English - Etymology
From Middle English was, from Old English wæs, from Proto-Germanic *was, (compare Scots was, Dutch was, Low German was, German war, Swedish var), from Proto-Indo-European *h₂wes- (“to reside”). The paradigm of "to be" has been since the time of Proto-Germanic a synthesis of three originally distinct verb stems. The infinitive form be is from Proto-Indo-European *bʰew- (“to become”). The words is and are are both derived from Proto-Indo-European *h₁es- (“to be”). Lastly, the past forms starting with w- such as was and were are from Proto-Indo-European *h₂wes- (“to reside”).
English - Pronunciation
- (UK) enPR: wŏz, wŭz, IPA(key): /wɒz/, /wʌz/
- (US) enPR: wŭz, wŏz, IPA(key): /wʌz/, wɑz/
- Rhymes: -ʌz, -ɒz
English - Verb
- First-person singular simple past tense indicative of be.
- Third-person singular simple past tense indicative of be.
- (proscribed, dialect) Second-person singular simple past tense indicative of be.
- (colloquial) Second person plural simple past tense of be
Afrikaans - Verb
Dutch - Pronunciation
- IPA(key): /ʋɑs/
- Rhymes: -ɑs
Dutch - Etymology 1
Dutch - Etymology 2
Dutch - Etymology 3
Dutch - Anagrams
German - Alternative Forms
German - Etymology
German - Pronunciation
- IPA(key): /vas/
- Rhymes: -as
German - Pronoun
- (interrogative) what
- (relative) which (referring to the entire preceding clause)
- (relative) that, which (referring to das, alles, etwas, nichts, and neuter substantival adjectives)
- (relative, colloquial) that, which (referring to neuter singular nouns, instead of standard das)
- (indefinite, colloquial) something, anything (instead of standard etwas)
- Was is invariable. The genitive case, and the dative case if necessary for clearness, can be paraphrased by means of welcher Sache (“what thing”). Possessive genitives are more commonly paraphrased with wovon (“of what”).
- The colloquial was meaning "something" can only be the first word in a sentence if followed by an adjective: Was Wichtiges fehlt noch. – "Something important is missing." Otherwise the full form etwas must be used: Etwas fehlt noch. – "Something is missing." The reason for this is that the latter sentence could be misinterpreted as a question if was were used.
- Was is not commonly used with prepositions. It is replaced with pronominal adverbs containing wo-. Hence: Womit hast du das gemacht? – "With what did you do that?" Colloquially, this rule is occasionally disregarded: Mit was hast du das gemacht?.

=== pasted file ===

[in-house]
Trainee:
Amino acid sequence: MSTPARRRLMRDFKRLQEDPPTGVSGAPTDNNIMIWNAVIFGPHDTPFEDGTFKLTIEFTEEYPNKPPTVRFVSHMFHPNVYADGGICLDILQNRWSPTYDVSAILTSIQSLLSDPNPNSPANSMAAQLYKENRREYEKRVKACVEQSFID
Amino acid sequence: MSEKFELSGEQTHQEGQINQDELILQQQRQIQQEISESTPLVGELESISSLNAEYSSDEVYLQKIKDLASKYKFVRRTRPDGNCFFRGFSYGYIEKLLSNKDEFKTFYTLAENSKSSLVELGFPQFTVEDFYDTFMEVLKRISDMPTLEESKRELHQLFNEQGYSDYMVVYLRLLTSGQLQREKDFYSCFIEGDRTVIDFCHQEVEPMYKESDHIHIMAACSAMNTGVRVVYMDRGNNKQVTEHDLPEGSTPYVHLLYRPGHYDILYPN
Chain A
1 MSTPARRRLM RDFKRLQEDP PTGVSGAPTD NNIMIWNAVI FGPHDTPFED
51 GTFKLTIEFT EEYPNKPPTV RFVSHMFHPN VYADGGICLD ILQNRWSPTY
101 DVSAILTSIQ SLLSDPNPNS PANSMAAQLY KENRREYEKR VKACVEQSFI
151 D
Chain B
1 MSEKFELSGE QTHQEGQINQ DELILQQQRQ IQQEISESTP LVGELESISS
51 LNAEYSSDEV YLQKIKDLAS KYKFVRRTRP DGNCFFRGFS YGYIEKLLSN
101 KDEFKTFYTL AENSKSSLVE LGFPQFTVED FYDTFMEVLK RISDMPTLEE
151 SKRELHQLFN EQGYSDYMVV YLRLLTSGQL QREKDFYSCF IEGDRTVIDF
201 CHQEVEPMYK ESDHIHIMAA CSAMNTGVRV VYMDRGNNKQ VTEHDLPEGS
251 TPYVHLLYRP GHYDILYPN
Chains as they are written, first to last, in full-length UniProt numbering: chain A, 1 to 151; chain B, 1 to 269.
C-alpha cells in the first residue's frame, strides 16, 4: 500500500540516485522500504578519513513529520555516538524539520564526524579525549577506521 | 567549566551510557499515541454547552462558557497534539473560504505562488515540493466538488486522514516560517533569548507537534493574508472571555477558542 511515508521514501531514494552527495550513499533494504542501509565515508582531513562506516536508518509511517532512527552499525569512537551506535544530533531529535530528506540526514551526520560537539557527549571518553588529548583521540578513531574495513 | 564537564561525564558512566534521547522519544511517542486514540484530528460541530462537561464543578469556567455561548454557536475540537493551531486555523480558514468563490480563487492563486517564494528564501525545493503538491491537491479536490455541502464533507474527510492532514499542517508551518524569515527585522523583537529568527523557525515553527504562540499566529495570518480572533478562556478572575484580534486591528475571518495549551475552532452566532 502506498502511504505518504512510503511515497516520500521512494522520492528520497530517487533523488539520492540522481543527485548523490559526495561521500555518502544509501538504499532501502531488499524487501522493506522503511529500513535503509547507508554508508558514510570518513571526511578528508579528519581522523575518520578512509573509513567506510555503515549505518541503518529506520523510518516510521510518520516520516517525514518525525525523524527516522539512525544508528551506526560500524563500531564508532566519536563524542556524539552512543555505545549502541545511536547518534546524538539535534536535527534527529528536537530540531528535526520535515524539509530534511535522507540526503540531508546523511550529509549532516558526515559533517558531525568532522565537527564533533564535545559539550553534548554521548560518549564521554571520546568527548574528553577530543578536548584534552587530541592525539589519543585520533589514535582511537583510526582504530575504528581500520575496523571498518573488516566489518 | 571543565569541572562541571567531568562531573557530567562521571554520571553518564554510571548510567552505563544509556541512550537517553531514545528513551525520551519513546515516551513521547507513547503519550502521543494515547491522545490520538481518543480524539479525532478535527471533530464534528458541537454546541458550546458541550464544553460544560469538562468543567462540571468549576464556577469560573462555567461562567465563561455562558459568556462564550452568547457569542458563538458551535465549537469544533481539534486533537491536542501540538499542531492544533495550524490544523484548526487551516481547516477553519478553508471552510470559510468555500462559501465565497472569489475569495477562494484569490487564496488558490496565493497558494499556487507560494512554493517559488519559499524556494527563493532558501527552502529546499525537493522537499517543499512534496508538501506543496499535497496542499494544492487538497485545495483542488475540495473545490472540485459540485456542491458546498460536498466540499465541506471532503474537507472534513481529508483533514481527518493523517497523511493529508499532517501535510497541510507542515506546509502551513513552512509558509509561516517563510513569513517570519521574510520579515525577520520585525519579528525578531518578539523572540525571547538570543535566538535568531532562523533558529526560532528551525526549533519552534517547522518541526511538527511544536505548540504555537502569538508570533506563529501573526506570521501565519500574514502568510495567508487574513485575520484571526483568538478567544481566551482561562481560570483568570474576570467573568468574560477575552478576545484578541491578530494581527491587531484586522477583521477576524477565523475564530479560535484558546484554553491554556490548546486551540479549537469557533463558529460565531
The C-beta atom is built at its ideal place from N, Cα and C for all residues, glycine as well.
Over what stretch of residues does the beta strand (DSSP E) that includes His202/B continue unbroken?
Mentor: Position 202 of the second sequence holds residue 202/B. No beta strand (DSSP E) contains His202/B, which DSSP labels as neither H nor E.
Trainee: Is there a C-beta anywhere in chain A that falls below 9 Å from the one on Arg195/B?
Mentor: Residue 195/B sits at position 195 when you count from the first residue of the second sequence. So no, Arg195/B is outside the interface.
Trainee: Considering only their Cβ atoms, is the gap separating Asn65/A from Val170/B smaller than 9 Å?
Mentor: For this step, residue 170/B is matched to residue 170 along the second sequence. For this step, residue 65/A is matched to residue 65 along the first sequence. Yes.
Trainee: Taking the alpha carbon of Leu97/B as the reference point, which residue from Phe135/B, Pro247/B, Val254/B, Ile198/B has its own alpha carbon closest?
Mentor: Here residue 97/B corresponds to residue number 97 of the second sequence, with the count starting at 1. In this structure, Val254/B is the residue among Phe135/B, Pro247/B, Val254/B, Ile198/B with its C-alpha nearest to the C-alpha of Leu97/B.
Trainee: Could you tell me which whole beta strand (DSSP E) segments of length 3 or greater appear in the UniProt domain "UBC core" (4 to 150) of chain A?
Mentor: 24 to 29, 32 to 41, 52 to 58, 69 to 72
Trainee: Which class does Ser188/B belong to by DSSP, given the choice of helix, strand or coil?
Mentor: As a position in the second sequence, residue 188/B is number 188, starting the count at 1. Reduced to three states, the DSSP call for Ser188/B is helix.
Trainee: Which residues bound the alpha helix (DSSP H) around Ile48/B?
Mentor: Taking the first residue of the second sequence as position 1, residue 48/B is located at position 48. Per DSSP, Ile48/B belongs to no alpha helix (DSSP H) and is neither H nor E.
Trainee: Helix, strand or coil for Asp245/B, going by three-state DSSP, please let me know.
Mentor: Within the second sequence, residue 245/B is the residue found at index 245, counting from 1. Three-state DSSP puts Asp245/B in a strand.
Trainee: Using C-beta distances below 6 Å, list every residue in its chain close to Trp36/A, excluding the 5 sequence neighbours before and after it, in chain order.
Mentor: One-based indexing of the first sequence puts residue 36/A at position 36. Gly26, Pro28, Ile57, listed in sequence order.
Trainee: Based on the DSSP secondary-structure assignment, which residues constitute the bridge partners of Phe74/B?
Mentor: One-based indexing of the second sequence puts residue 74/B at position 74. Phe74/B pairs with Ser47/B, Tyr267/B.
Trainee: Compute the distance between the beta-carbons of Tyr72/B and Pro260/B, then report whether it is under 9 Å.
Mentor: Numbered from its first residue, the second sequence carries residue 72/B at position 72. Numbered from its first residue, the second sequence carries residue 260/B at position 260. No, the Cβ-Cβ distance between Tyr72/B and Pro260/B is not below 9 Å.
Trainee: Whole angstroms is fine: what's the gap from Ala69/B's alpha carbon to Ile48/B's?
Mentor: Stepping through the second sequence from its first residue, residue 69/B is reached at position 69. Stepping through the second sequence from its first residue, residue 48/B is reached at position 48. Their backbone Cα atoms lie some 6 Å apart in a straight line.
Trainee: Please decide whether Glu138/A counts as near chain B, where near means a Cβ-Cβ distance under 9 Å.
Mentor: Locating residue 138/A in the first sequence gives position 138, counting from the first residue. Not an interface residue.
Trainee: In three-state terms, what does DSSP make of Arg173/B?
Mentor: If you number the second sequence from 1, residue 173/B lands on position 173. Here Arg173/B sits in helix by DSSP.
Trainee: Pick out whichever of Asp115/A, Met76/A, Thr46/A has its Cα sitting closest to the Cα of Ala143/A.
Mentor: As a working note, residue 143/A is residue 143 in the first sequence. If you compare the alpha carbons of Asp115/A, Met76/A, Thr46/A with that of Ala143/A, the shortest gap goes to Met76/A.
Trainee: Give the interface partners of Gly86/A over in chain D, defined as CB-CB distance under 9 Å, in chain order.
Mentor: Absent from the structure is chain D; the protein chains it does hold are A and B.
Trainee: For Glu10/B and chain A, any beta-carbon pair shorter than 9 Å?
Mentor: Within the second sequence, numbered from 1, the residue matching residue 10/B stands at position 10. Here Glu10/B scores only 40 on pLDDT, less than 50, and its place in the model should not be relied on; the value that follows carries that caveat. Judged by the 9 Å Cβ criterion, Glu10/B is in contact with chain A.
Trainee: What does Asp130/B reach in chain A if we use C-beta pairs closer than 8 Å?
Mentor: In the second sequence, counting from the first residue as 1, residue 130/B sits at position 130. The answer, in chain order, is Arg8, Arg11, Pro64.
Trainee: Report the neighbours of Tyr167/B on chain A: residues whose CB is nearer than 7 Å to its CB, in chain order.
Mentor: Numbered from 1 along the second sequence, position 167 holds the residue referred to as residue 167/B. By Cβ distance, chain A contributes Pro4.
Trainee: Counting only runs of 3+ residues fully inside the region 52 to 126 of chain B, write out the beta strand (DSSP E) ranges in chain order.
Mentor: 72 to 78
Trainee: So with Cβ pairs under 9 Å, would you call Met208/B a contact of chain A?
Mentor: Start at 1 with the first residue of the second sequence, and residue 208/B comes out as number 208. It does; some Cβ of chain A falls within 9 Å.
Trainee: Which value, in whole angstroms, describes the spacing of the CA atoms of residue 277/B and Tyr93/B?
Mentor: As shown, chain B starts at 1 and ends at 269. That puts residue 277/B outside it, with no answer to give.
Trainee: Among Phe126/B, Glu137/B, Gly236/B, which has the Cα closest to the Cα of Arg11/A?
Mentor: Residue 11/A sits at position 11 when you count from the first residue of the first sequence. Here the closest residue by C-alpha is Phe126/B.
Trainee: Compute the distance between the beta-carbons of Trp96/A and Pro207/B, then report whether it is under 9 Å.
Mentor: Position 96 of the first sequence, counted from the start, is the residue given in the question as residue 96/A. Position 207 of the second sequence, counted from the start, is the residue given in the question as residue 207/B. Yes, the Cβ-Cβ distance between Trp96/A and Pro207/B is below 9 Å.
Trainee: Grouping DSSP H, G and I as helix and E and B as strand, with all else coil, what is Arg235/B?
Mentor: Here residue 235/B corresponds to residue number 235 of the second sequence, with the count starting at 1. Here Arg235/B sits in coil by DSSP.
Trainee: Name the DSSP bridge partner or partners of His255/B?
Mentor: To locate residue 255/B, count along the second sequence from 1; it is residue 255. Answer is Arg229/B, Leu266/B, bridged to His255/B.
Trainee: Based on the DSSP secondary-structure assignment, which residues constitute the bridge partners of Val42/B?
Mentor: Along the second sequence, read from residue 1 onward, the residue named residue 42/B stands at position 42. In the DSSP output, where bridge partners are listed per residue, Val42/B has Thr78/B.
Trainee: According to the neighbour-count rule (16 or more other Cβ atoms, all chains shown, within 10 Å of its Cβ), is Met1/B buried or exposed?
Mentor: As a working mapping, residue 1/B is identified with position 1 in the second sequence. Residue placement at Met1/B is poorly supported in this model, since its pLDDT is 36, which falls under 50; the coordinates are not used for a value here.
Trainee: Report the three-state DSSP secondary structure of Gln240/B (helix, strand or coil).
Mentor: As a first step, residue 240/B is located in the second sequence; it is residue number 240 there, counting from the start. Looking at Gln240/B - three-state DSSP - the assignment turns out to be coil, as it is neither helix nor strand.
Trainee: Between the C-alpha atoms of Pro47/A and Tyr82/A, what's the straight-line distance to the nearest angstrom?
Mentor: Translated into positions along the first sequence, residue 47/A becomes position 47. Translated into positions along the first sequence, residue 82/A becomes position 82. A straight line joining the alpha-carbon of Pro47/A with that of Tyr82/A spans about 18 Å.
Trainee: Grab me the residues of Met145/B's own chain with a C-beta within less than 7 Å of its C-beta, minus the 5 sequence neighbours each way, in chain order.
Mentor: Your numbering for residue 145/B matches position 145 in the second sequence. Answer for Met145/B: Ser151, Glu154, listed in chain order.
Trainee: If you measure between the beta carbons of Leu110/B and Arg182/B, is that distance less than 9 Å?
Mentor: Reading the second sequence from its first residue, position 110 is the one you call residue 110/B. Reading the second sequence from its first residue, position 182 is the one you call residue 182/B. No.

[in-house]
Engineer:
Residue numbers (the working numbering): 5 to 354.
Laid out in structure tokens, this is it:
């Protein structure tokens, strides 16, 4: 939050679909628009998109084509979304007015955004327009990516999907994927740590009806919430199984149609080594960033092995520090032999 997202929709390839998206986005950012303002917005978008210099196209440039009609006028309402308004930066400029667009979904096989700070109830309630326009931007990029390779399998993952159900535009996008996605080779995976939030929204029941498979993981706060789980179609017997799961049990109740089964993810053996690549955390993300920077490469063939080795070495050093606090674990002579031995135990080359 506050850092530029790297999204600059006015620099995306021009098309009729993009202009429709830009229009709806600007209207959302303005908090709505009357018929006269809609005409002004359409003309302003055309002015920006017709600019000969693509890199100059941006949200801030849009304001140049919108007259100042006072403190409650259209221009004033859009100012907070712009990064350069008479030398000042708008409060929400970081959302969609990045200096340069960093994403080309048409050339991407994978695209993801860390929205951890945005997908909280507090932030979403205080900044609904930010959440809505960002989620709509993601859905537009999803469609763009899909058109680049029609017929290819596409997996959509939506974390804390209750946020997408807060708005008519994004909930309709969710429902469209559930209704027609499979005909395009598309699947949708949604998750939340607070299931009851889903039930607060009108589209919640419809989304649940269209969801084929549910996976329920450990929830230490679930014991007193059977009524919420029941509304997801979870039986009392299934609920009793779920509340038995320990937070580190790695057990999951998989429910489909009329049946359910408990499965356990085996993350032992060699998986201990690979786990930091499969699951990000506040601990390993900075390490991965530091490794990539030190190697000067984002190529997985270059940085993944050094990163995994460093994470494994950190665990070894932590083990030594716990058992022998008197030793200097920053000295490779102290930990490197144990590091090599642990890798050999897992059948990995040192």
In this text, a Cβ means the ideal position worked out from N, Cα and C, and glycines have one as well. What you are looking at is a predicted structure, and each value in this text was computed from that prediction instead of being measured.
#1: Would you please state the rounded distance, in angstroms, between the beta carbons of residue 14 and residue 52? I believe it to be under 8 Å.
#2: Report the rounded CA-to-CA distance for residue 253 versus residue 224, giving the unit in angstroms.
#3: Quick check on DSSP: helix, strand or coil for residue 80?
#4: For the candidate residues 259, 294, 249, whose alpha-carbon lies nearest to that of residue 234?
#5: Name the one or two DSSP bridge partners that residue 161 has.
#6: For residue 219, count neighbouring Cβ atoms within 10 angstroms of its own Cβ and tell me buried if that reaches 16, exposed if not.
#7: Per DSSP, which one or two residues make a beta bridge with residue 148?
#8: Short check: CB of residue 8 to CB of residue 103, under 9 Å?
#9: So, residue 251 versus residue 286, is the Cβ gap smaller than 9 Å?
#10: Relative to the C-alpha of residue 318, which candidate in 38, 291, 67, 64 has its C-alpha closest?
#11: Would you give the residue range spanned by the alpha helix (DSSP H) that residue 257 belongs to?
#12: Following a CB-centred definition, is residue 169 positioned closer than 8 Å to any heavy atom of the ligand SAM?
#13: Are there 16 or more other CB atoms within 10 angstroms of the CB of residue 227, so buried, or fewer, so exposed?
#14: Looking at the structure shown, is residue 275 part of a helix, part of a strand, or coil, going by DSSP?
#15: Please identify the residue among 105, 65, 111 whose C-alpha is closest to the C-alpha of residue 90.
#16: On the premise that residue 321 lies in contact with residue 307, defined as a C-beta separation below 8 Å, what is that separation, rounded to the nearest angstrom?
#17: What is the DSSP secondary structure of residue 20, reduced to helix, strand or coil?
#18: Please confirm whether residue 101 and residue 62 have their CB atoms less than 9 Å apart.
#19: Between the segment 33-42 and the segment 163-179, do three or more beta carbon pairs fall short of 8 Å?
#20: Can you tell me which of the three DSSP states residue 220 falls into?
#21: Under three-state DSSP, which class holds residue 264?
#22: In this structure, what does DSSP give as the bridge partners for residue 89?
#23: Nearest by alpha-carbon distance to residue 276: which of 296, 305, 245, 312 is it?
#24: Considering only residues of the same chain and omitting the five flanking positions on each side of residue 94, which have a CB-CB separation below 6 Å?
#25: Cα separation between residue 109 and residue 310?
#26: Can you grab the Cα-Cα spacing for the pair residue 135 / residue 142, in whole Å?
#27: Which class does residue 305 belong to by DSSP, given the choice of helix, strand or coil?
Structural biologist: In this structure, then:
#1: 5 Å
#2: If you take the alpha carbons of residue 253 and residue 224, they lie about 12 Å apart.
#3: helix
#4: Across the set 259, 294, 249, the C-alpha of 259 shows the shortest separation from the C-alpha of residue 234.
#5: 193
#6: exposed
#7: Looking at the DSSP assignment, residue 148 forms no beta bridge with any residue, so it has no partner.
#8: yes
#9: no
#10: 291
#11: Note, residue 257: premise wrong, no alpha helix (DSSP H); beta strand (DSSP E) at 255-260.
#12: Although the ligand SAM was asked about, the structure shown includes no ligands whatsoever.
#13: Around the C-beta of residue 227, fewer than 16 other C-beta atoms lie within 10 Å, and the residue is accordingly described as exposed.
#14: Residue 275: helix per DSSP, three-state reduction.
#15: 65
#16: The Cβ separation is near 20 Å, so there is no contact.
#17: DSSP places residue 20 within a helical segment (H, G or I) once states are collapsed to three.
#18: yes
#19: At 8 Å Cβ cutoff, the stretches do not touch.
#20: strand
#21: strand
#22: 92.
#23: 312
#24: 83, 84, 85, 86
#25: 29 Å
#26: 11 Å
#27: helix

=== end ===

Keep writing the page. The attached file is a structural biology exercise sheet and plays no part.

German - Adverb
Low German - Verb
- first-person singular simple past indicative of węsen
- third-person singular simple past indicative of węsen
- apocopated form of wasse (“wash”), second-person singular imperative of wassen (mainly used in the Netherlands, equivalent to other dialects' wasche/waske)
- apocopated form of wasse (“wax”), second-person singular imperative of wassen
- apocopated form of wasse (“grow”), second-person singular imperative of wassen
Notes on the verb węsen (to be): In recent times (~1800) the old subjunctive wer is used in place of was by many speakers. This might be the old subjunctive which is now used as a preterite or a reduction of weren, which is the preterite plural indicative of the verb. It might also be an imitation of the High German cognate war. Many smaller dialectal clusters do this, but no dialect does it. That means: even though there are many regions within e.g. Lower Saxony that use wer for was, maybe even the majority, there is no straight connection between them, i.e. which form is used can depend on preference, speaker and specific region. Due to this "one town this way, one town that way"-nature of the situation no form can be named "standard" for a greater dialect, such as Low Saxon.
Lower Sorbian - Pronunciation
- IPA(key): [was]
Lower Sorbian - Pronoun
Polish - Pronunciation
- IPA(key): [vas̪]
Polish - Pronoun
Tok Pisin - Verb
- angel; any supernatural creature in
heaven according to Christian theology
1989, Buk Baibel long Tok Pisin, Bible Society of Papua New Guinea, Genesis 3:24 (translation here):
- God i rausim pinis man na meri, na em i makim ol strongpela ensel bilong sanap na was i stap long hap sankamap bilong gaden Iden. Na tu em i putim wanpela bainat i gat paia i lait long en na i save tanim tanim long olgeta hap. Oltaim ol dispela ensel wantaim dispela bainat i save was i stap, nogut wanpela man i go klostu long dispela diwai bilong givim laip.
- 1989, Buk Baibel long Tok Pisin, Bible Society of Papua New Guinea, Genesis 3:24 (translation here):